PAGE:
JERUSALEM -- Israel’s parliament on Wednesday approved a preliminary vote to dissolve itself, putting the country on the verge of an unprecedented third election in a 12-month period while giving scandal-plagued Prime Minister Benjamin Netanyahu a welcome break as he fights to save his political career.
After months of political deadlock following a September election, lawmakers overwhelmingly passed the first of three votes required to dissolve the parliament and set a March 2 date for new elections. Two more readings were scheduled later Wednesday. Lawmakers had faced a midnight deadline that would have automatically dissolved parliament and set elections later in March.
A new campaign would prolong a year-long political stalemate that has paralyzed the government and undermined public trust in the government. For the third time in the past year, the country now appears to be heading to what is sure to be a nasty three-month political campaign that according to recent opinion polls is expected to deliver very similar results.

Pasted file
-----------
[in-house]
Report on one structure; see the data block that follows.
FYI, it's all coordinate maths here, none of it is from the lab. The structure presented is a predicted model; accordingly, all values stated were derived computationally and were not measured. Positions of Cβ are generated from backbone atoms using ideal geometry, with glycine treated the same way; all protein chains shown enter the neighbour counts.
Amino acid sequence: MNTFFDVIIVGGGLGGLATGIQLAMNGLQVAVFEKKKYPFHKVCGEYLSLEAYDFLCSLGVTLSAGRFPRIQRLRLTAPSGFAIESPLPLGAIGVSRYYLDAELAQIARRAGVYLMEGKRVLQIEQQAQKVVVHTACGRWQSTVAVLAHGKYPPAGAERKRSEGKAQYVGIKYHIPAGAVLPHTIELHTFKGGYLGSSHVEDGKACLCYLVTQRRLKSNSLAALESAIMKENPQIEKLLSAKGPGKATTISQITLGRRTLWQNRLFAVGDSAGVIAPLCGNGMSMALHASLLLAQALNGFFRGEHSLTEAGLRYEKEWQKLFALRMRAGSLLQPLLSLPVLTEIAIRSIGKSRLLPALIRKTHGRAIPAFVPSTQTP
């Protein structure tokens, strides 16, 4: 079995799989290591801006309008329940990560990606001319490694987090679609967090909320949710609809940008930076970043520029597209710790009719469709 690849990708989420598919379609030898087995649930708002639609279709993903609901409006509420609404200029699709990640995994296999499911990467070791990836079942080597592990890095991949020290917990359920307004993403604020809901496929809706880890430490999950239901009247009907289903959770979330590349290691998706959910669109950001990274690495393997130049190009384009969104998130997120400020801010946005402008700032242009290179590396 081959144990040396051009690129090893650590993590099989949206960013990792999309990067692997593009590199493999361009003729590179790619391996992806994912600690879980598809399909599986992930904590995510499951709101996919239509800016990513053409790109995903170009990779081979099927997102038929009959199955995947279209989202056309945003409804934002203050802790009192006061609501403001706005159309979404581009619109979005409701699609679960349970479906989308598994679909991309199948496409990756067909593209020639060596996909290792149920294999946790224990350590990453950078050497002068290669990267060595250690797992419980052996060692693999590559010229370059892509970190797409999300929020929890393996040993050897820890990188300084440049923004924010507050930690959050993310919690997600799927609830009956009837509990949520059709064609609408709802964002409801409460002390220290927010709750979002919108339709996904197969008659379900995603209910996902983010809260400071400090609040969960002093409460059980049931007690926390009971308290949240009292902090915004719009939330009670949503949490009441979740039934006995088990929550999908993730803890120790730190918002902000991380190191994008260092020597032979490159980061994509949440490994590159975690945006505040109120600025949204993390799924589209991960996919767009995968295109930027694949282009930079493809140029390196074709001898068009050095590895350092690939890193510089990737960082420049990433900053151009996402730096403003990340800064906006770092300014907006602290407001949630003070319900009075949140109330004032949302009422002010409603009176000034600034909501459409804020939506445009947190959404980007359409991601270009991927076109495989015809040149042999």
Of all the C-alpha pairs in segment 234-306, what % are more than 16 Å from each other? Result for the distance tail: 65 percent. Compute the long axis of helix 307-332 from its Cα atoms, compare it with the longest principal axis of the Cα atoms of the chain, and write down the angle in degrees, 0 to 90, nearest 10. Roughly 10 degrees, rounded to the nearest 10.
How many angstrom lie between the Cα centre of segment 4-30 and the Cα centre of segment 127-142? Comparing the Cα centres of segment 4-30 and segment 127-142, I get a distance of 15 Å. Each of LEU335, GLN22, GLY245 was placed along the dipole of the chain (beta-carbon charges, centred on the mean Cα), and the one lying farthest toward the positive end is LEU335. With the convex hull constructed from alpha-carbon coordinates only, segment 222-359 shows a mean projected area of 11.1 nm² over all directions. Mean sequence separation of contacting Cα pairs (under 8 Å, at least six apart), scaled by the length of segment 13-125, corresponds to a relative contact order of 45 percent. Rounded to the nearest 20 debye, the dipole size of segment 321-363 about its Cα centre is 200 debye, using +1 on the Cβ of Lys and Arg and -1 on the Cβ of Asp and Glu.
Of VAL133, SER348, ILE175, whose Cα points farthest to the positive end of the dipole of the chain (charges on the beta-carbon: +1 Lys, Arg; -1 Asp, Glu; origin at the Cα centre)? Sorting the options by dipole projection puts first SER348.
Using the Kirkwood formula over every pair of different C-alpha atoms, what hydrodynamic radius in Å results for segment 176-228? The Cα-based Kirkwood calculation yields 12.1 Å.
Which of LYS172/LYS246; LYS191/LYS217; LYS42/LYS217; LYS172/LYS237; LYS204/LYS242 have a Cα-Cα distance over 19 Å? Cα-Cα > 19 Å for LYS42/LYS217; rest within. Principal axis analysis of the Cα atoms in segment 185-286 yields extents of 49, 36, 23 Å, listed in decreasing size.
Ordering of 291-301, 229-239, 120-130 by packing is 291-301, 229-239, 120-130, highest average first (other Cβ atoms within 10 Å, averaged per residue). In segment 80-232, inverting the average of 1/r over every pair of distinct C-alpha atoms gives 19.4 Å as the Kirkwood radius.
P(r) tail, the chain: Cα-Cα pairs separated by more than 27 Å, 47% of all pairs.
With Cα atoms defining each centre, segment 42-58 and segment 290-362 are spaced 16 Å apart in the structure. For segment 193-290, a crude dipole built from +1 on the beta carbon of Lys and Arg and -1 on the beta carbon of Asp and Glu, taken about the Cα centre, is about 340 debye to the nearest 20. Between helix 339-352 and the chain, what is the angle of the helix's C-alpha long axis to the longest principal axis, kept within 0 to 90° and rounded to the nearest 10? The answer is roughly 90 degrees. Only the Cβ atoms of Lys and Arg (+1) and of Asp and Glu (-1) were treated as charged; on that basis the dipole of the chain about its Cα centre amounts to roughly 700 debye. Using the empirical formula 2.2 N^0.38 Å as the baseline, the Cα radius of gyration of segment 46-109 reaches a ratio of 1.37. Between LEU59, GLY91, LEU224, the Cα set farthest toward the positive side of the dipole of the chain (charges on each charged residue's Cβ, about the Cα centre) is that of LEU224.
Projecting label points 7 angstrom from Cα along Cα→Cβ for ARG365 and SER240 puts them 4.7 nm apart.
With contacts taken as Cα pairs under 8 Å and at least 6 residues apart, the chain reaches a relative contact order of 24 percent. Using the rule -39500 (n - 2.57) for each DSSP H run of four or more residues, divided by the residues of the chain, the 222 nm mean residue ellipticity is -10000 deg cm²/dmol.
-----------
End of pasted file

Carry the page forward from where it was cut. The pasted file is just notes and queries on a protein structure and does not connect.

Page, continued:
In September’s vote, Netanyahu’s Likud party and the rival Blue and White party both were unable to secure a parliamentary majority. Netanyahu and Blue and White’s leader, former military commander Benny Gantz, both failed during officially mandated periods to cobble together a governing coalition. Then, during a final three-week window that ended Wednesday, they were unable to agree on a power-sharing agreement that would have avoided another vote.
Both men had insisted they want to avoid another costly election campaign. And together, their parties control a solid majority in the 120-seat Knesset.
But neither was willing to compromise on their core demands for a unity government. Netanyahu insisted on serving as prime minister, where he is best positioned to fight his recent indictment on a series of corruption charges. Gantz has refused to serve under a prime minister with such serious legal problems and called on Likud to choose a different leader.